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KIMMSWICK: One historic place!

Kimmswick named to national registry

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KIMMSWICK: One historic place!
ANDREW JANSEN PHOTO The Franz Hermann—John O'Heim House and Brewery, built in 1859, is the oldest structure in the Kimmswick Historic District.

Kimmswick received help in an unusual form for its push for national recognition: apple butter.

Proud merchants, residents and government officials in Kimmswick celebrated last week the inclusion of the Kimmswick Historic District in the National Register of Historic Places.

Glee Naes, of the Kimmswick Historical Society, said the group has wanted to apply for national historic status for 20 years. After a grant went unused in the 1980s and no grant was forthcoming in the 1990s, society members needed to raise money. They raised money for their cause by selling apple butter.

They were finally able to hire Historic Preservation Consultant Becky Snider in March of 2006.

Snider evaluated all of the properties within the Kimmswick city limits and developed the Kimmswick Historic District, which was nominated for the National Register on May 11. The district, roughly bounded by Front, Fourth, Mill and Oak streets, was officially accepted to the Register on July 24, offering benefits to the individual properties and the city.

"The main perk is recognition," Snider said. "It brings an awareness of historic authenticity."

Being included in the National Register of Historic Places primarily gives the city bragging rights, but tax incentives are available as well. Funds spent restoring and repairing historic sites in areas approved for the National Register can be deducted from state and federal taxes.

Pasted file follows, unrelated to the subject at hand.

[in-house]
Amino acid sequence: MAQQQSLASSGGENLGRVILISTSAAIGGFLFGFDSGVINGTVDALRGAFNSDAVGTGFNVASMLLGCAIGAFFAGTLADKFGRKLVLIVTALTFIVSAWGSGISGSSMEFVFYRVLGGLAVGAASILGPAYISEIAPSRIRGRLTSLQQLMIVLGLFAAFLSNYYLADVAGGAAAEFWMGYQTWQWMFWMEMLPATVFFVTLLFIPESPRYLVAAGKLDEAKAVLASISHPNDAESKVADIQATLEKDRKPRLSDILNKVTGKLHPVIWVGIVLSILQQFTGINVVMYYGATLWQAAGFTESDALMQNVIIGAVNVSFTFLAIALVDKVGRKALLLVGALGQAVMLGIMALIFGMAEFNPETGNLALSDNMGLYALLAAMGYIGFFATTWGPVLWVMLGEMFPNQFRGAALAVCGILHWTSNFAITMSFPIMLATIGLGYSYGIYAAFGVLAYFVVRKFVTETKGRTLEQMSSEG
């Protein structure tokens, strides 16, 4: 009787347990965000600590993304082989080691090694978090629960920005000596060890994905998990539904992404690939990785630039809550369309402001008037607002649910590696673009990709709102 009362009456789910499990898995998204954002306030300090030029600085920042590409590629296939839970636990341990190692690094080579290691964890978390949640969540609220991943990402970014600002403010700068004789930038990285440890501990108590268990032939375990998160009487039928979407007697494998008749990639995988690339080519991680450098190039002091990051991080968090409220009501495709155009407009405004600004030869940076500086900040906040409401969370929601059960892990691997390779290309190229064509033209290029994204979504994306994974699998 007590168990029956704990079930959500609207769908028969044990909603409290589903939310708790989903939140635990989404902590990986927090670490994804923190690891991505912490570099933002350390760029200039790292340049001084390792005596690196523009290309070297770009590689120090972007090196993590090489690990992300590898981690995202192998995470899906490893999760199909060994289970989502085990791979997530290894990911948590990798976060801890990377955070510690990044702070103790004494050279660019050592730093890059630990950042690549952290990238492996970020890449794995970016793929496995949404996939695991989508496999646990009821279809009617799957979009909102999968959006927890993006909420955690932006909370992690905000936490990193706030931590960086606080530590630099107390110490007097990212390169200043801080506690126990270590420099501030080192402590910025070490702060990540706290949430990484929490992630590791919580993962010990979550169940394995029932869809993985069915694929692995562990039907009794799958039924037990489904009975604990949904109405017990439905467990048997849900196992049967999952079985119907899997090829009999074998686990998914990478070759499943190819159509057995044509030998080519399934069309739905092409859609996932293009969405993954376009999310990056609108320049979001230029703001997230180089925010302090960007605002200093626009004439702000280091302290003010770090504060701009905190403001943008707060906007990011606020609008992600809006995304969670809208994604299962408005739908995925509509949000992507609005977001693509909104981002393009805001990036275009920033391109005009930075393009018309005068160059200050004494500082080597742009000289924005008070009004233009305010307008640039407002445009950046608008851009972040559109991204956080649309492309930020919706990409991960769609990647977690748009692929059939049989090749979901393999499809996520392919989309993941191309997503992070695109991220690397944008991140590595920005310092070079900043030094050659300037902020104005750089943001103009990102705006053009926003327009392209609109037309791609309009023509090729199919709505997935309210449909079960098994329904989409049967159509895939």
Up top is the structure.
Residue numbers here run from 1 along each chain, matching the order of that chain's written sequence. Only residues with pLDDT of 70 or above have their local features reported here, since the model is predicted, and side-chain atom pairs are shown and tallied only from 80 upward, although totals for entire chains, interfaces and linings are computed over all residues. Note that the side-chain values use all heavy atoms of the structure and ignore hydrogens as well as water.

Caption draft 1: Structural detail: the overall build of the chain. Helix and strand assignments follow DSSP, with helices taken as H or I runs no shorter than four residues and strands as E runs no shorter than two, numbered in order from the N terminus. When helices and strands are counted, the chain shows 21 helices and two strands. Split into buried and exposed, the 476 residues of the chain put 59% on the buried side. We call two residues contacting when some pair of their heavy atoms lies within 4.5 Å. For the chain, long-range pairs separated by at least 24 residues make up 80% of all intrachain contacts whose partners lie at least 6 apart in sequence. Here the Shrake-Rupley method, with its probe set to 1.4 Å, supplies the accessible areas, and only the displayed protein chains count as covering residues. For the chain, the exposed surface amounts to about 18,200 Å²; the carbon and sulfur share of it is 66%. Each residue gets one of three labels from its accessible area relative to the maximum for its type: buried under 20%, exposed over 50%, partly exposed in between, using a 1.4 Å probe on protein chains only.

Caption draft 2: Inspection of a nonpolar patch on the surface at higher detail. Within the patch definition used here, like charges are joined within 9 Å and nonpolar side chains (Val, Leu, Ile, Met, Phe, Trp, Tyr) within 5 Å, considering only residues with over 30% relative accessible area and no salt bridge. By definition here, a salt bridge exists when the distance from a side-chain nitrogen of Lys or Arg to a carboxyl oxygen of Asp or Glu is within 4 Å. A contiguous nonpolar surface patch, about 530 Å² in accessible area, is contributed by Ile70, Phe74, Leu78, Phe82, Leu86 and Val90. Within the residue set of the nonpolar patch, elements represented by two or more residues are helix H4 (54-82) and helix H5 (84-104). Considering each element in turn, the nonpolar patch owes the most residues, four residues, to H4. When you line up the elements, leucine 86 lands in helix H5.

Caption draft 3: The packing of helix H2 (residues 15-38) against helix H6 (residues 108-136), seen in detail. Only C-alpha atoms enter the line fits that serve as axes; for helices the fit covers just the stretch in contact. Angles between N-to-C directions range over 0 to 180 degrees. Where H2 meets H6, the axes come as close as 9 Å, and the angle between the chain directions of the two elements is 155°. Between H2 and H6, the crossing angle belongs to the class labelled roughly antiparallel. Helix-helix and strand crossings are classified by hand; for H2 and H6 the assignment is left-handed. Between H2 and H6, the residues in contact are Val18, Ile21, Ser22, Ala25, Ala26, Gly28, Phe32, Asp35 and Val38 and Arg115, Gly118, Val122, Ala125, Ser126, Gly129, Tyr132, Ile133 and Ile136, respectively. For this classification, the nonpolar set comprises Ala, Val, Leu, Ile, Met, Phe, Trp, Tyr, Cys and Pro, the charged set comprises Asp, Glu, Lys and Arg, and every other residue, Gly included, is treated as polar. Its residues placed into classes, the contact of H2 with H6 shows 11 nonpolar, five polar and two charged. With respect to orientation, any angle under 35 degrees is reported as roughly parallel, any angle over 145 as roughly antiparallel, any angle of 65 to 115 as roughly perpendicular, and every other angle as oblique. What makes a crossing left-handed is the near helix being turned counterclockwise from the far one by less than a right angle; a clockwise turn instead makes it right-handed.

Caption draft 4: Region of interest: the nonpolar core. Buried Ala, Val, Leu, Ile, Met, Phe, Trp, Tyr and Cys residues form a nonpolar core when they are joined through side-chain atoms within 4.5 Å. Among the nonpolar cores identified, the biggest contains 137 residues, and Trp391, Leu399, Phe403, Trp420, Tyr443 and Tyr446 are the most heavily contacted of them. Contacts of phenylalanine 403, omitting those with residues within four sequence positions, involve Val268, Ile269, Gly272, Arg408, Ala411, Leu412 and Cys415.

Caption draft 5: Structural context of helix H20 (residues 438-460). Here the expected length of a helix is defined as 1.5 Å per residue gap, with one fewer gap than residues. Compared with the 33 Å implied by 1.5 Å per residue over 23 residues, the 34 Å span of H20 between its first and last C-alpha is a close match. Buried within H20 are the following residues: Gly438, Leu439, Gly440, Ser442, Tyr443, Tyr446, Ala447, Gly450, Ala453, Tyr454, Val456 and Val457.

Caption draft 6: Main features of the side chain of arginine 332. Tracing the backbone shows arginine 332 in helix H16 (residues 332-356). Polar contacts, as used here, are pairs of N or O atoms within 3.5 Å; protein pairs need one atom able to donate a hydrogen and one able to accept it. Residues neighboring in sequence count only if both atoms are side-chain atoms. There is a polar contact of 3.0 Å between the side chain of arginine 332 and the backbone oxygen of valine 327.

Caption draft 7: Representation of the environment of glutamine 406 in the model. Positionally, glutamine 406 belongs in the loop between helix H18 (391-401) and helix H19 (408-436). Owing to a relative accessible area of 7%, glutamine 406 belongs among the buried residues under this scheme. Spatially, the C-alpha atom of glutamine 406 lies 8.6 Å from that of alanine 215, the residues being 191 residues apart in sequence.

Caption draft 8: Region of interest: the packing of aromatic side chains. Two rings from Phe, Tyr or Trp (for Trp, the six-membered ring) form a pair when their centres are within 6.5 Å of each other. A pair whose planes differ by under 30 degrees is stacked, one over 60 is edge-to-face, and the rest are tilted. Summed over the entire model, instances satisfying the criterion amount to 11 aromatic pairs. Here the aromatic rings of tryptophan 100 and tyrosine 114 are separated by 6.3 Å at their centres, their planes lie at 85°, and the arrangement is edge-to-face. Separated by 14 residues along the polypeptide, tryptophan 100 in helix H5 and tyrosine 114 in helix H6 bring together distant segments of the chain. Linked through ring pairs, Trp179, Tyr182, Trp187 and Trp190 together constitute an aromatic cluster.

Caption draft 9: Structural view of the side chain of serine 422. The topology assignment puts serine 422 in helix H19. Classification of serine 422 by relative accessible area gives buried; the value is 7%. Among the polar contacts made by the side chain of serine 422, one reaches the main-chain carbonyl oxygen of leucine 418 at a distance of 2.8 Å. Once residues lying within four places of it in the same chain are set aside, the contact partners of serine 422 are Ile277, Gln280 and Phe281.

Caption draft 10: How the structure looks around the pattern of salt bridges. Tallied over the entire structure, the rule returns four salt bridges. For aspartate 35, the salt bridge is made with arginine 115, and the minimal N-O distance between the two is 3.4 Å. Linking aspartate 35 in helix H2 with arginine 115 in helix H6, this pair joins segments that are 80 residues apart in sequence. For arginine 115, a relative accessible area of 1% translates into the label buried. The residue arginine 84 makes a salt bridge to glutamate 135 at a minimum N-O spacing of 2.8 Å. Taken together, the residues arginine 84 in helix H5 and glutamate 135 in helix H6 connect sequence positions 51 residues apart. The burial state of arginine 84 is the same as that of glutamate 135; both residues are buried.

"The National Register was created to promote the preservation of buildings in danger of being lost," Snider said.

Property owners can receive up to 45 percent of rehabilitation project costs back in tax credits—20 percent in federal tax credits for income producing properties and 25 percent state tax credits for any property.

"It doesn't guarantee preservation, just encourages it," Snider said.

Snider said one of the misconceptions about including properties in the National Register is that the owners must keep the property in a certain condition. Both Snider and Naes said that is not true.

"The property owner could tear it down or paint it purple," Naes said.

Rehabilitation is expensive, but the availability of tax credits helps to offset additional costs.

"Missouri leads the nation in the rehabilitation of historic places," Snider said.

Kimmswick earned its nomination because of its historic district of 44 buildings with interesting architectural character and its history of community planning and involvement.

To be eligible for the National Register, an individual structure or district of structures must contain historic integrity and be deemed historically significant. Buildings must be at least 50 years old and retain historic character—no new windows or vinyl siding, for example. A line must be drawn around the district with at least 60 percent of the buildings serving as contributing resources.

Snider said the Franz Hermann—John O'Heim House and Brewery, built in 1859, is the "oldest and most significant" structure in the district. The structure is an example of rare German architecture called fachwerk, which includes heavy timber framing with brick infill.

"It's one of a handful in Missouri," Snider said.

According to Snider, the district also offers "some nice examples of Victorian architecture," such as the Gustave Rauschenbach House on Front Street.

"They have a much higher level of craftsmanship than you see in buildings today," Snider said.

Missouri has more than 1,800 properties listed in the National Register, providing more than 35,000 historic resources.

Jefferson County alone has 11 National Register listings. While the listings include four archeological districts and many individual structures, Kimmswick is the first building district from Jefferson County to make the list.

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